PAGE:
Hundreds participate in Minooka Earth Day recycling event
MINOOKA – Broken televisions, old Christmas lights, outdated computers and all other manner of junk filled the Minooka Village Hall parking lot Tuesday morning.
In support of Earth Day, hundreds of local residents brought their junk to the Minooka Earth Day Recycling Event, hosted by Grundy County and the village of Minooka.
“We’ve had an absolutely fantastic turnout this year,” Grundy County Administrator and Land Use Director Heidi Miller said. “I would imagine with the amount of traffic we’ve had, we’ve collected well over 20,000 pounds today.”
A line of more than 50 vehicles stretched around McEvilly Road most of the morning as residents waited to unload their old electronics, medicines, plastics, batteries, paperwork and other recyclable goods.
“I don’t mind waiting in line, because it’s so exciting to see so many people recycling,” attendee Amber Perry said. “Just think of all of this going in our landfill. It goes to show that people will do the right thing if you give them the opportunity.”
Everything collected at the event will be reused, repurposed or recycled.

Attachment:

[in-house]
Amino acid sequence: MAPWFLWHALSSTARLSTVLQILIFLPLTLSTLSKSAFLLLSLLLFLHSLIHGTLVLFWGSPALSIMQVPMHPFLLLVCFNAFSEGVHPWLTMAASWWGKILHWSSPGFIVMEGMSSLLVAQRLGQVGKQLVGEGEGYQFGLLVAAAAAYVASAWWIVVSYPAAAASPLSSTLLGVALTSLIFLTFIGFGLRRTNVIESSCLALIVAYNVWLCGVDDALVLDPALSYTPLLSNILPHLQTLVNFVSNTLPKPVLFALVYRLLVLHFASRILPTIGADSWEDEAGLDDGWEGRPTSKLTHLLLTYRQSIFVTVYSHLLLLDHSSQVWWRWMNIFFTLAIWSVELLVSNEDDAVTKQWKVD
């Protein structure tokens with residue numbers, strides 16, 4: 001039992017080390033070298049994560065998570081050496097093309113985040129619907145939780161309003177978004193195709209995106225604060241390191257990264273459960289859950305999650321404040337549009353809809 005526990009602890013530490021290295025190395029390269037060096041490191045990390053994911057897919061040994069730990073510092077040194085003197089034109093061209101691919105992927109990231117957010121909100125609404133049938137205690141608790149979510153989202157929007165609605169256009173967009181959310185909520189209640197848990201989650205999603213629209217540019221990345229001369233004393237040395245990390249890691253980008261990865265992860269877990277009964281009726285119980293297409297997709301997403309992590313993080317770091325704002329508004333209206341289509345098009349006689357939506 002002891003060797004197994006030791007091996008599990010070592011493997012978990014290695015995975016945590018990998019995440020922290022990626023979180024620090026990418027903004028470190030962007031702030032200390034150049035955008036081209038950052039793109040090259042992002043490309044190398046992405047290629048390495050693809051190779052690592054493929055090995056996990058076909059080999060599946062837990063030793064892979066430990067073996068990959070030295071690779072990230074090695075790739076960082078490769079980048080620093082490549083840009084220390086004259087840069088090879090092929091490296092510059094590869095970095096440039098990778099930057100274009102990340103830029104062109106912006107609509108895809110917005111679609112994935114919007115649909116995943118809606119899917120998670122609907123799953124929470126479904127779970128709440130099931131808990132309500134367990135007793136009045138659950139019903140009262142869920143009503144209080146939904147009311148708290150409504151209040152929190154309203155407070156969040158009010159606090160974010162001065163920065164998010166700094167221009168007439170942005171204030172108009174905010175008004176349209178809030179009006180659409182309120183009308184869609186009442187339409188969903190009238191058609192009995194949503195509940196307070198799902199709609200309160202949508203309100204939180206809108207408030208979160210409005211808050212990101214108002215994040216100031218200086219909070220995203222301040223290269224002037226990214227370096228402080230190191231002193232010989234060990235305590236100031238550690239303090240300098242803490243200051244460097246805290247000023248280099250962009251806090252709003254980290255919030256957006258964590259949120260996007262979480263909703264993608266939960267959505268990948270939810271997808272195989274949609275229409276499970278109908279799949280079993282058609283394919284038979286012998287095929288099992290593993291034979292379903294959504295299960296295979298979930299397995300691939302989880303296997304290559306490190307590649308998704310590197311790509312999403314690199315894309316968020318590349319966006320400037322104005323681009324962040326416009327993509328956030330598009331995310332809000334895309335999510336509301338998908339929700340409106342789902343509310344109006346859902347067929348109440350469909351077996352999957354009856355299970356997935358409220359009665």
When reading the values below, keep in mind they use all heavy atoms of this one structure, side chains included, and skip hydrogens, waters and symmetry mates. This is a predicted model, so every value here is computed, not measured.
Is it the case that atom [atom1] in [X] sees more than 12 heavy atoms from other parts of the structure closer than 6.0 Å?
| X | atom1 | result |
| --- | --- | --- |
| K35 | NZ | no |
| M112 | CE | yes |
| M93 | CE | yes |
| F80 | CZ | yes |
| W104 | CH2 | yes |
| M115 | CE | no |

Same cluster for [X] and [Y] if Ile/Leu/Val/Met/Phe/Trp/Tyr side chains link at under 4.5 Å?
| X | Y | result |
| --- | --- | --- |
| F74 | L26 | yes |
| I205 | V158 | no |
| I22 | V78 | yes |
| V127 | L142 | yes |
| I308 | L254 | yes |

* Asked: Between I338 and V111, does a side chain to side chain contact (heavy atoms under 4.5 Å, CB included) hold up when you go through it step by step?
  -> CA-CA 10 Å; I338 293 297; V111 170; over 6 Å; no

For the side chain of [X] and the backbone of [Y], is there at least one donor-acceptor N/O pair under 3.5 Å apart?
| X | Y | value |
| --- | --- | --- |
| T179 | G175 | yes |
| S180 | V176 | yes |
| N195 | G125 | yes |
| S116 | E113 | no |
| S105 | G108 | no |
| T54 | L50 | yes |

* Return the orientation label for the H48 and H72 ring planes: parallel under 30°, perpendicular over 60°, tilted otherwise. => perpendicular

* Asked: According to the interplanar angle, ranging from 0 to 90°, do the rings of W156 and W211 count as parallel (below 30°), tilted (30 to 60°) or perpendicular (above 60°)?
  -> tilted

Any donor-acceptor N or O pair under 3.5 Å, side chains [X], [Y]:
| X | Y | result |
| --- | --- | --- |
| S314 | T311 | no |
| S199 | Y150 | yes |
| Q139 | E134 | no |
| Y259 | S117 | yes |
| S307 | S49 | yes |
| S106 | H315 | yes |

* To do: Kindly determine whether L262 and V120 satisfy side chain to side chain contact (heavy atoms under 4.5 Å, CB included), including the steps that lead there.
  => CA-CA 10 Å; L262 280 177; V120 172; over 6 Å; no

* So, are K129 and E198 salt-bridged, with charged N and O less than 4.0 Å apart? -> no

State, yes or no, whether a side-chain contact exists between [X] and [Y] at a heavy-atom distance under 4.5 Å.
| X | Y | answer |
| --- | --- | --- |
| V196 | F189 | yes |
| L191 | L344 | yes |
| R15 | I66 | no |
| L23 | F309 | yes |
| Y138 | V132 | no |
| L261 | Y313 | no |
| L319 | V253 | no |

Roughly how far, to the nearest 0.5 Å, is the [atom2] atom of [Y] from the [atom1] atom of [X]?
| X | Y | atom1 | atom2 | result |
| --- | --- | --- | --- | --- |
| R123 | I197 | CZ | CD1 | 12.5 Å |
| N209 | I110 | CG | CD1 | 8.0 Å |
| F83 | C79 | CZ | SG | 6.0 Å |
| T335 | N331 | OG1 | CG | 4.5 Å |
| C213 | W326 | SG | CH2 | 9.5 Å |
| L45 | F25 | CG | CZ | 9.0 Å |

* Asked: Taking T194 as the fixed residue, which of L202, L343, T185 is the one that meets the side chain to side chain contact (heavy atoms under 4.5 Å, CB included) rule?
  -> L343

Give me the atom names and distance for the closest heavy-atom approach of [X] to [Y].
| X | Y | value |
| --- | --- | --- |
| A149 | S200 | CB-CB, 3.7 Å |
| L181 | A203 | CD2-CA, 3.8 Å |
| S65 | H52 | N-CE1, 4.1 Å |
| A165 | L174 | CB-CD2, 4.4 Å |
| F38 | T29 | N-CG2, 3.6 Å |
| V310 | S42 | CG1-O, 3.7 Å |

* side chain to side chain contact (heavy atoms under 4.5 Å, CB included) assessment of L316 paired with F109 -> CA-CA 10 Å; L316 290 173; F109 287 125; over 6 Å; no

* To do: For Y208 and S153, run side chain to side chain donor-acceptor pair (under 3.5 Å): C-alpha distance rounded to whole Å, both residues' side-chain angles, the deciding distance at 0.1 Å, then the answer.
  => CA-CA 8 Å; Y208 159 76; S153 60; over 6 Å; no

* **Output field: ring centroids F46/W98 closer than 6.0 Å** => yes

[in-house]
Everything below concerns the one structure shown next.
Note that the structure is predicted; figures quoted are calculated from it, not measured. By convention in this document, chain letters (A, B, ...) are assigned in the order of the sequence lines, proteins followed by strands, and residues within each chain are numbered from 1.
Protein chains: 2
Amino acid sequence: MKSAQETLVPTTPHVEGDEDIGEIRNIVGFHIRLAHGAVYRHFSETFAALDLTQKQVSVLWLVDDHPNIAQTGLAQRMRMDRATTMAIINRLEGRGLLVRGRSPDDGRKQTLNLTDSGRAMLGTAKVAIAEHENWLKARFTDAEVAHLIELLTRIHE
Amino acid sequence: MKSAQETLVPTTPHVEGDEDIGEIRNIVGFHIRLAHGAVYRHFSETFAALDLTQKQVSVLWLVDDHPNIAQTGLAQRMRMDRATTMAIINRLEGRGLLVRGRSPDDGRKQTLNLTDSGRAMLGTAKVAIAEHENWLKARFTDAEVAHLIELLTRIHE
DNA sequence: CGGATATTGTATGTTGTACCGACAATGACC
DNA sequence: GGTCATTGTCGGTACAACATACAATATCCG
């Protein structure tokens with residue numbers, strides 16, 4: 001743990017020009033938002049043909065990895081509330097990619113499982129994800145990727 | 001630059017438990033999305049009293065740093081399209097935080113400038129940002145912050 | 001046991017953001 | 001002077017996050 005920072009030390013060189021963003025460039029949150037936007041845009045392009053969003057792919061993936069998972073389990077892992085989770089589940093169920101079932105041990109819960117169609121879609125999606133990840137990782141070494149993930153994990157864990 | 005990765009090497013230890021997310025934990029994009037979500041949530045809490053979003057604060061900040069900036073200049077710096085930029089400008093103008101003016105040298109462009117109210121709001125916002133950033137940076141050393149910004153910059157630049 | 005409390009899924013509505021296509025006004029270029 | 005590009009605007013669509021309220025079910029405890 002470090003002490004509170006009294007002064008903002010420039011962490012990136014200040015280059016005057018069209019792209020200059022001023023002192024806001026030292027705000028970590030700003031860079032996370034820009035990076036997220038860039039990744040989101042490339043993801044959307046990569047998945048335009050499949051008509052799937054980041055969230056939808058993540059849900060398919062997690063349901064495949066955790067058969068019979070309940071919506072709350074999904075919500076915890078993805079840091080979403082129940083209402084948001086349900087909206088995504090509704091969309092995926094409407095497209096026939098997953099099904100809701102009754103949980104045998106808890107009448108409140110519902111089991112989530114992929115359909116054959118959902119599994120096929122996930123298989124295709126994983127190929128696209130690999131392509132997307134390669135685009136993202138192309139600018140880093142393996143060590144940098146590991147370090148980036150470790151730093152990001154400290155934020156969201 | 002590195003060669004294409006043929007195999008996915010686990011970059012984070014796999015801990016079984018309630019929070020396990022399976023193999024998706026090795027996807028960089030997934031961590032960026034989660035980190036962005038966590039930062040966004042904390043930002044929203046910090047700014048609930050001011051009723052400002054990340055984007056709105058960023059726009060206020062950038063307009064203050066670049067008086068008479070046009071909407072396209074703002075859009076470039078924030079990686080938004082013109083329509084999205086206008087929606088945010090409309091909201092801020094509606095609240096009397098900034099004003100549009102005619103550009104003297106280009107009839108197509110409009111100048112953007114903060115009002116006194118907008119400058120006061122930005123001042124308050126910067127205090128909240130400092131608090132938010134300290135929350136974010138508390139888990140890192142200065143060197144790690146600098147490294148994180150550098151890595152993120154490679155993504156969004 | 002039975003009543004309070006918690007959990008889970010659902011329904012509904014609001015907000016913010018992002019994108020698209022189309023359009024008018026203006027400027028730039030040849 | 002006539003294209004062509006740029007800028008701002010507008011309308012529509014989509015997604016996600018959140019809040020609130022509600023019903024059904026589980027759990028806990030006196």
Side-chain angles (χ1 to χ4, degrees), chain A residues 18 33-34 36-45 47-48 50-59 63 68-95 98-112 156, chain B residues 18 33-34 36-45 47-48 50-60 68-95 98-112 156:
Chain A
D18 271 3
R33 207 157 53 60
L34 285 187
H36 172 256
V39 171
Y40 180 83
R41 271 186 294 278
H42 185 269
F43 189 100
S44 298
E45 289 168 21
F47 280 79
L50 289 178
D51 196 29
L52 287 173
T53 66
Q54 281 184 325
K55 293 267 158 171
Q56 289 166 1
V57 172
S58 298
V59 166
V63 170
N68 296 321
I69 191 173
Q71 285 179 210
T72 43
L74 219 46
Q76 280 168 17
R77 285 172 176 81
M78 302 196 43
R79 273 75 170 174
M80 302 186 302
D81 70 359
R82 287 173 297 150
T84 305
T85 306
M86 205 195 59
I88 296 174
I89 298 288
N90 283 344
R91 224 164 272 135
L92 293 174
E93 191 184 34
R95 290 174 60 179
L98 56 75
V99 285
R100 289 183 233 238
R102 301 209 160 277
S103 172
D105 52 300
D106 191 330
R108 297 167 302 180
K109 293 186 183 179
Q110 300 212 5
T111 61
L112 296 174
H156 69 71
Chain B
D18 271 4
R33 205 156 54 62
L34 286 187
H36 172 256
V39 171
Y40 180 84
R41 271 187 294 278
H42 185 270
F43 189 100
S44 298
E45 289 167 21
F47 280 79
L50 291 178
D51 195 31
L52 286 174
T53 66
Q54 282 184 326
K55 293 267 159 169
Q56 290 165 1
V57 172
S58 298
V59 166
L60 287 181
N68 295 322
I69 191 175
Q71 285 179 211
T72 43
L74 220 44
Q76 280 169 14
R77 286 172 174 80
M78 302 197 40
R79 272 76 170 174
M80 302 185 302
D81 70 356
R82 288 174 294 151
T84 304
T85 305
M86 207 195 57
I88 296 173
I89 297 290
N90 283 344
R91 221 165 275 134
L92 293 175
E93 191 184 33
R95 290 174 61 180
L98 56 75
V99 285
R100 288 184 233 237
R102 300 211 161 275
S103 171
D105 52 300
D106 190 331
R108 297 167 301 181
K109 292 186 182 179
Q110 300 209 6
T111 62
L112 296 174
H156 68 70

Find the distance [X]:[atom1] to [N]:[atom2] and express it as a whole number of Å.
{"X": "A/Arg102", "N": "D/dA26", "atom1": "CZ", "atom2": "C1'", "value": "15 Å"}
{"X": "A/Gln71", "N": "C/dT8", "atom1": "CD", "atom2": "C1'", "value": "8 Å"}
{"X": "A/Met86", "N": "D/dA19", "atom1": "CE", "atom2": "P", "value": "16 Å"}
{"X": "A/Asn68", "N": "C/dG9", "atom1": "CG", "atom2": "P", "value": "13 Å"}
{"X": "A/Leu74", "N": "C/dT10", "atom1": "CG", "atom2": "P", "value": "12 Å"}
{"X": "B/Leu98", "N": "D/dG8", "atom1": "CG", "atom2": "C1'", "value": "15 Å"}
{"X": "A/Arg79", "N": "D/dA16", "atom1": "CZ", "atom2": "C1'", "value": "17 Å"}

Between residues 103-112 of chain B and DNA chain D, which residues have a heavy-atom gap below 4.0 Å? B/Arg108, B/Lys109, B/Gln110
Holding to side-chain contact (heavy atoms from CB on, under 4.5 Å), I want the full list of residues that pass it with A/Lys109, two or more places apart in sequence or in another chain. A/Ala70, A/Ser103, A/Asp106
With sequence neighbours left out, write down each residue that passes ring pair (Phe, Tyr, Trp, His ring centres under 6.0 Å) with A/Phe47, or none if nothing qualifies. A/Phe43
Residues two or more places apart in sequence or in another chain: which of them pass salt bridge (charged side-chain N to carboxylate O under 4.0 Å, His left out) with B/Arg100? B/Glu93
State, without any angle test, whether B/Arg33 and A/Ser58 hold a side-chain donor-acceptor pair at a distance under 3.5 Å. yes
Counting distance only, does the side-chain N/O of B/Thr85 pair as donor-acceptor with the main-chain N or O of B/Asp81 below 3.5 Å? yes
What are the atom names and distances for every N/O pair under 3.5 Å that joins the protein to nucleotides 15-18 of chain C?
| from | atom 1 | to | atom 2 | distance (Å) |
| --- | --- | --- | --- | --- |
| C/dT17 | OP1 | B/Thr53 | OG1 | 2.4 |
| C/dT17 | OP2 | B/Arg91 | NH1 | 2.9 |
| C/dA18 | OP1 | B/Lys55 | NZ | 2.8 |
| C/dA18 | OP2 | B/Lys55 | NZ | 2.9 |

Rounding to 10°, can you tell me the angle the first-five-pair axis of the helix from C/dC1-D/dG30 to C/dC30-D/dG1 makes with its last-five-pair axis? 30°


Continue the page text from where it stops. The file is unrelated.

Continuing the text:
The electronics, collected by Vintage Tech of Plainfield, will be broken down and any recyclable material will be separated out. Any gold within the electronics will be salvaged, melted and sold by the facility for a profit, Miller said.
Verdeco Plastics of Channahon filled a large truck with plastics and cardboard, which will be recycled at their facility.
“We have machinery that literally grinds it, melts it and makes it into another form,” Verdeco representative Peg Sherry said. “It’s reused in manufacturing. We’re trying to keep everything green and good for the environment.”
The expired medicines and pills collected by the Grundy County Coroner’s office will be driven to Indianapolis where they will be incinerated, Deputy Coroner Christina Hintz-Symoniak said.
“On average, we collect about 56,000 pills per month at our office,” she said.
Residents could also have their important documents shredded by Shred X of Wilmington, which usually charges for the service. All of the paper will be baled at the Shred X facility and recycled.
“We’ve been busy. It’s just been nonstop today,” Shred X representative Fred Thatcher said.
Textile and shoe recycler USAgain of West Chicago did not collect many donations, but USAgain’s community recycling specialist Ray Amato said most people don’t realize how much clothing ends up in landfills.
“The average American throws away 75 pounds of textiles per year,” Amato said. “We take clothes in any condition and any types of shoes. We either recycle or repurpose everything we collect.”
Amato said most of the shoes collected are reused for their rubber.
“You hear about all the track and fields made from old shoe rubber – that’s often what happens,” he said.